So as I have been posting, I have a grand vision for this project: the equivalent of a real train dashboard that I can use to control simulated trains. I'm sourcing all of the instruments and controls that I can from real trains, with hopefully minimal need to fall back on creating simulated versions of instruments (like my paused master controller re-creation). All of the instruments (outputs) and controls (inputs) need to be interfaced to my computer somehow. The engineer or hobbyist interested in getting this project ready expediently would probably find their favorite microcontroller, figure out how to interface enough GPIO pins to it (maybe an Arduino Mega?), and connect all their hardware to that microcontroller. Not me.

Ever dedicated to over diligently engineering my projects, I decided to build each component of my Train Simulator setup with a controller capable of speaking connecting to a CAN bus. This would allow me to build truly modular components that could be arbitrary added and removed, and there’s another method to my madness: the possibility of one day being able to control an actual train with my Train Simulator setup. For the immediate future, I set out to design a CAN controller board that would provide all the different interfaces I would need for my various controls and instruments, would be easily programmable, and would provide at least some of the safety features of a real CAN bus transceiver, including proper isolation.

I sat down and enumerated all the capabilities, voltages, and I/O I would need for my various instruments and controls. I came up with an assortment of low-voltage, low-current GPIO, 3.3V, 5V, and 12V power, up to three high-voltage (12V) and/or high-current (up to 1A) binary-state or PWM-controllable outputs, an I²C interface, and interfacing with more complex sensors like digital angle sensors, at the very least. With this set of requirements, I was able to select the brains behind the operation: having recently worked a bit with the Raspberry Pi Pico and the powerful RP2040 at its core when I performed my speedometer experiments, and having discovered Kevin O’Connor’s CAN2040 library, I selected the Raspbery Pi Pico as my microcontroller of choice. Here’s how I designed the board to work:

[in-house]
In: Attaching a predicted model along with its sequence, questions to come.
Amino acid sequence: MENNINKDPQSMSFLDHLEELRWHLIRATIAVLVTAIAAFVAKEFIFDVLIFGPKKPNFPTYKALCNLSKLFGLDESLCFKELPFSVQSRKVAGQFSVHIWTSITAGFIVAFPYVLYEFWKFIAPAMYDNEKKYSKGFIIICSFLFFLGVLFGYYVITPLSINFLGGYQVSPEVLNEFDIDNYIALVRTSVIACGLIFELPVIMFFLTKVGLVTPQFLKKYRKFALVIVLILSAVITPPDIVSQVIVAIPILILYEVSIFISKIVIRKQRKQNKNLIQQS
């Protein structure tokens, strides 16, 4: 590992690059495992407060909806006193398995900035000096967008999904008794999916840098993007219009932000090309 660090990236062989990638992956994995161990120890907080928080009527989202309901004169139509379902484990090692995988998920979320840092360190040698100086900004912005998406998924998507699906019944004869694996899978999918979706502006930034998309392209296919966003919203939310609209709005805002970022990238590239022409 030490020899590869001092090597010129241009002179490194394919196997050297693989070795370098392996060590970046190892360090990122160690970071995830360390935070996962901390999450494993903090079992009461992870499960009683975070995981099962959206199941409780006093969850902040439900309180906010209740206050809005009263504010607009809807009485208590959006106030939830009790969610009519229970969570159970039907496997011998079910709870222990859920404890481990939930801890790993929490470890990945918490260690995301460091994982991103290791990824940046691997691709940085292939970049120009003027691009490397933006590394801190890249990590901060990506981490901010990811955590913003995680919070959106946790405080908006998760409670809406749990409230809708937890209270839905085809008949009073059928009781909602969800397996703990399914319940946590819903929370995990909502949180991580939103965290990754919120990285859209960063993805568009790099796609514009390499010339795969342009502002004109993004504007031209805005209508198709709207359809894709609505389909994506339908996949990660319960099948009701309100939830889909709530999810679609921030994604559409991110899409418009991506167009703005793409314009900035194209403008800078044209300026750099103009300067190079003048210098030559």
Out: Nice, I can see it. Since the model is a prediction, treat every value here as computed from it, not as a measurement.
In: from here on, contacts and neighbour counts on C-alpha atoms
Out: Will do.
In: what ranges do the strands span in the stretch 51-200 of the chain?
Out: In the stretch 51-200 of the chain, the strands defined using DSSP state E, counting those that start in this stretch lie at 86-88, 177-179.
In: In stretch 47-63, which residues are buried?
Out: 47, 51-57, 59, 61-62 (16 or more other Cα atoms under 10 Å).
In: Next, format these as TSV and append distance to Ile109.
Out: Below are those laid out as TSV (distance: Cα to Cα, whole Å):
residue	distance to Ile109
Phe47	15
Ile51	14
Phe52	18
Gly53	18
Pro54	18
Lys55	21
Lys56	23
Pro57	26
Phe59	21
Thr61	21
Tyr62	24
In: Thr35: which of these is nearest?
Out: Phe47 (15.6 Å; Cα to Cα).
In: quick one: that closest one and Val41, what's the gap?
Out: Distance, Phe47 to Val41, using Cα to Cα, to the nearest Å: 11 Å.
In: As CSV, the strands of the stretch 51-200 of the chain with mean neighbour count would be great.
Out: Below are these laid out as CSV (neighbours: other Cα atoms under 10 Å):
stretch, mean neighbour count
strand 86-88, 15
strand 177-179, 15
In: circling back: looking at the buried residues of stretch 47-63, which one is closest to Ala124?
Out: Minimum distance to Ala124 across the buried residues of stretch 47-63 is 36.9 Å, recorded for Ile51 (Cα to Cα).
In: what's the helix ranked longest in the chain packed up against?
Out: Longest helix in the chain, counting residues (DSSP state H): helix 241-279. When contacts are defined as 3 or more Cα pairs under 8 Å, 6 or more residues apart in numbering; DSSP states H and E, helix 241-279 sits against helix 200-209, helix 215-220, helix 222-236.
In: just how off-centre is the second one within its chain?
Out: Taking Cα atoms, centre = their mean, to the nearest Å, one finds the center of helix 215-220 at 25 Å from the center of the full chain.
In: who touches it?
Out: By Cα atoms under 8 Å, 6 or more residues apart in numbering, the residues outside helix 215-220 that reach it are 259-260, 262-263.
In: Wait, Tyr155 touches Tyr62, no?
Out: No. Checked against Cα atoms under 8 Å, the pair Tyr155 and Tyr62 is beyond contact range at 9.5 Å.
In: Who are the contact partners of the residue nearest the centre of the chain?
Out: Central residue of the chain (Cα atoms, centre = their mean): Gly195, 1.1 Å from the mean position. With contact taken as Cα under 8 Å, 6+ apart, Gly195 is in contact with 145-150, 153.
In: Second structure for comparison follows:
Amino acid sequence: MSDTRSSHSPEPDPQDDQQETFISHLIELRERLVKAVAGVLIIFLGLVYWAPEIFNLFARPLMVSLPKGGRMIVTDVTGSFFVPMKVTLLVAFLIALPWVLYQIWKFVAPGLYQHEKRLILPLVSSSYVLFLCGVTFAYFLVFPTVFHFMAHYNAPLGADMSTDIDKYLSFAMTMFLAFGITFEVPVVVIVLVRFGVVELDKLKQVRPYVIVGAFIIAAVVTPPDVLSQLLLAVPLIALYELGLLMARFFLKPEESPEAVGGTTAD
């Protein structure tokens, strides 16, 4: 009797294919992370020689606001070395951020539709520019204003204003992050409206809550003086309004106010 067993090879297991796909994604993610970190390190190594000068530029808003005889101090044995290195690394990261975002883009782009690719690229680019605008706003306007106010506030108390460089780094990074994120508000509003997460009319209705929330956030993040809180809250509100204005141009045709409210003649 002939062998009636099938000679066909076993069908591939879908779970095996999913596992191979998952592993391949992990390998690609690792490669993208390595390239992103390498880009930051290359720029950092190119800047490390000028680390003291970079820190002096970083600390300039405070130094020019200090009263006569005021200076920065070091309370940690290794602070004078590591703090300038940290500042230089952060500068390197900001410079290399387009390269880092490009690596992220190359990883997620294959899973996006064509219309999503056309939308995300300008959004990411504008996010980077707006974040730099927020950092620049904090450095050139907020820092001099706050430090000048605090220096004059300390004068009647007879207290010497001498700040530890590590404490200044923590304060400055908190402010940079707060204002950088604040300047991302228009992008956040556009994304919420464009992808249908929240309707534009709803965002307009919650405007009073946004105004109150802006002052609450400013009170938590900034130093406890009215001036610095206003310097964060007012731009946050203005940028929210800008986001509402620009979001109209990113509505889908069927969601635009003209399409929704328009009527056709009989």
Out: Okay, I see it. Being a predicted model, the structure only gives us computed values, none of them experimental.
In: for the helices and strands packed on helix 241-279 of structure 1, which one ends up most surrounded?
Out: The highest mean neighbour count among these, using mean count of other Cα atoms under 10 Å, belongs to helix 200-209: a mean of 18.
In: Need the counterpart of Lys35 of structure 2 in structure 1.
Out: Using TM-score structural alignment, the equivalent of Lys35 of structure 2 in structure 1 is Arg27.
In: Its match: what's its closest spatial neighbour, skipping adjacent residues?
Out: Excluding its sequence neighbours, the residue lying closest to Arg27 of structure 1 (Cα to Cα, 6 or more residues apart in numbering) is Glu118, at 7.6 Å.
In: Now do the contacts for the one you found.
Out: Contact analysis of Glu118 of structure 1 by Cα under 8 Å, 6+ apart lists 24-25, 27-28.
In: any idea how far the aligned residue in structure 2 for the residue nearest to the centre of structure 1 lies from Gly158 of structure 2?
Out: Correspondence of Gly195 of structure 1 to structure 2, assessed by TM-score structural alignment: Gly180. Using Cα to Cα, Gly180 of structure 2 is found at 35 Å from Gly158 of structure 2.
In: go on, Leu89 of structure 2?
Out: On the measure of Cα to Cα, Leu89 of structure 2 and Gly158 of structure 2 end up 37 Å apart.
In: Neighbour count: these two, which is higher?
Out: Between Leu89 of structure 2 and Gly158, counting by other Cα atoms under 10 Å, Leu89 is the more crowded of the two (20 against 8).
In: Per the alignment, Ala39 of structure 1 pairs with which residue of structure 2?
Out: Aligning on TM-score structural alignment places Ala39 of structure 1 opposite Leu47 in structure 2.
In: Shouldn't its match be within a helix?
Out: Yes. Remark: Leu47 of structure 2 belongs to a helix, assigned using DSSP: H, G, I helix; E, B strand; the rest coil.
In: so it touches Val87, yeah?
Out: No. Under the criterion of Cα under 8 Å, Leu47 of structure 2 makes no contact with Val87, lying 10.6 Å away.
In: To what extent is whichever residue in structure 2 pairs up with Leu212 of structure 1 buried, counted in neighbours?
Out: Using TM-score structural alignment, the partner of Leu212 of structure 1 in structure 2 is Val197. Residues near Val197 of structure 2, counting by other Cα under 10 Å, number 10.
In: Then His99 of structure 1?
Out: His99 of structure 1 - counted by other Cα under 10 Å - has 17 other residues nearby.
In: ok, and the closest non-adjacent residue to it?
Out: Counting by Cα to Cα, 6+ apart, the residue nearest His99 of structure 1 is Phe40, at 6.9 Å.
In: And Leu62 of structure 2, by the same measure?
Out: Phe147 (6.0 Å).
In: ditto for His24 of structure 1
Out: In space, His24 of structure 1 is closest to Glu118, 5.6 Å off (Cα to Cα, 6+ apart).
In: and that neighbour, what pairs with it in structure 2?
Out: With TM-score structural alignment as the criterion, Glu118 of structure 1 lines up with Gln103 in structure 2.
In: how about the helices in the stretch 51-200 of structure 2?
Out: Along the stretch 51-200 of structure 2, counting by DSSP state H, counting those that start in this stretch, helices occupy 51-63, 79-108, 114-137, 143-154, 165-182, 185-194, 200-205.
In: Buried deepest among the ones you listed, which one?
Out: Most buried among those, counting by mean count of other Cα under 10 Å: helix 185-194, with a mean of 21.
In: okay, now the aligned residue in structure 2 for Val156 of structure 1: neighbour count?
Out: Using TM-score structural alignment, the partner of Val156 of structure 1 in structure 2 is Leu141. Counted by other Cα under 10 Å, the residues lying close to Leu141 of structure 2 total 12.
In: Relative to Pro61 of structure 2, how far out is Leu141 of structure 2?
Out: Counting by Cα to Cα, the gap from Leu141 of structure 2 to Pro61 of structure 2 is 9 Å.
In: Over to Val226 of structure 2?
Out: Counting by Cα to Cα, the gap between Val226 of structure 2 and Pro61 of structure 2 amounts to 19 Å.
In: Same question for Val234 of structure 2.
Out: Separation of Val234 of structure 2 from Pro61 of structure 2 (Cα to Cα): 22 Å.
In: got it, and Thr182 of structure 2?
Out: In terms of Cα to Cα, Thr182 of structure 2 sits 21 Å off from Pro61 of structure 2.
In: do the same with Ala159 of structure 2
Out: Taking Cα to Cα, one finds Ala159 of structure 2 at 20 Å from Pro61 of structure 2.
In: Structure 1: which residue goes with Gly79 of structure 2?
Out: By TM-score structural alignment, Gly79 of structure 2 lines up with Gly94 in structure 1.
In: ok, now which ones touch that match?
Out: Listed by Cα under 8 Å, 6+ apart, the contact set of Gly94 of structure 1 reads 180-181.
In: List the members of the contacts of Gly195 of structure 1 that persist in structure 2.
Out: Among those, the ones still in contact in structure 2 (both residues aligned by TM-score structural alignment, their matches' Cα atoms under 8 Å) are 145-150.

The Pi Pico is powered by a 5V supply (USB or a 5V bus), and directly interfaces with hardware through its GPIO lines, including where relevant via FETs to provide high-voltage and/or high-current control. Following proper CAN bus principles, the power supply for the CAN side of the CAN transceiver is provided by an isolated DC-DC power supply, and the Pico can then communicate via an isolated CAN bus with other CAN transceivers (namely others of this controller board). In addition, one of these boards is designed to be used as a bridge communicating with the computer running Train Simulator (e.g. over USB) and translating messages to and from the computer off of and onto the CAN bus. Thanks to KiCAD, OSHPark, Digikey, and my soldering iron, I soon had a first prototype (the H-bridges for the steppers live underneath the socketed Pi Pico):

I used it as a testbed for three aspects of the CAN controller: powering and interfacing with the Raspberry Pi Pico, controlling hardware like my AWS sunflower and LED matrices, and of course the CAN interface itself.
[list][*] First, testing its ability to control higher current/voltage hardware, like the 12V coils in the AWS sunflower. Video here of it clicking the AWS sunflower on and off:
[*] Second, testing its ability to interface with a computer and drive a pair of LED matrices, using an extra 3.3V regulator on the controller board. This test brings Train Simulator Classic into the fold, transmitting the current speed of a train as it accelerates out of Orpington, and additionally indicating whether the train is accelerating or decelerating (video):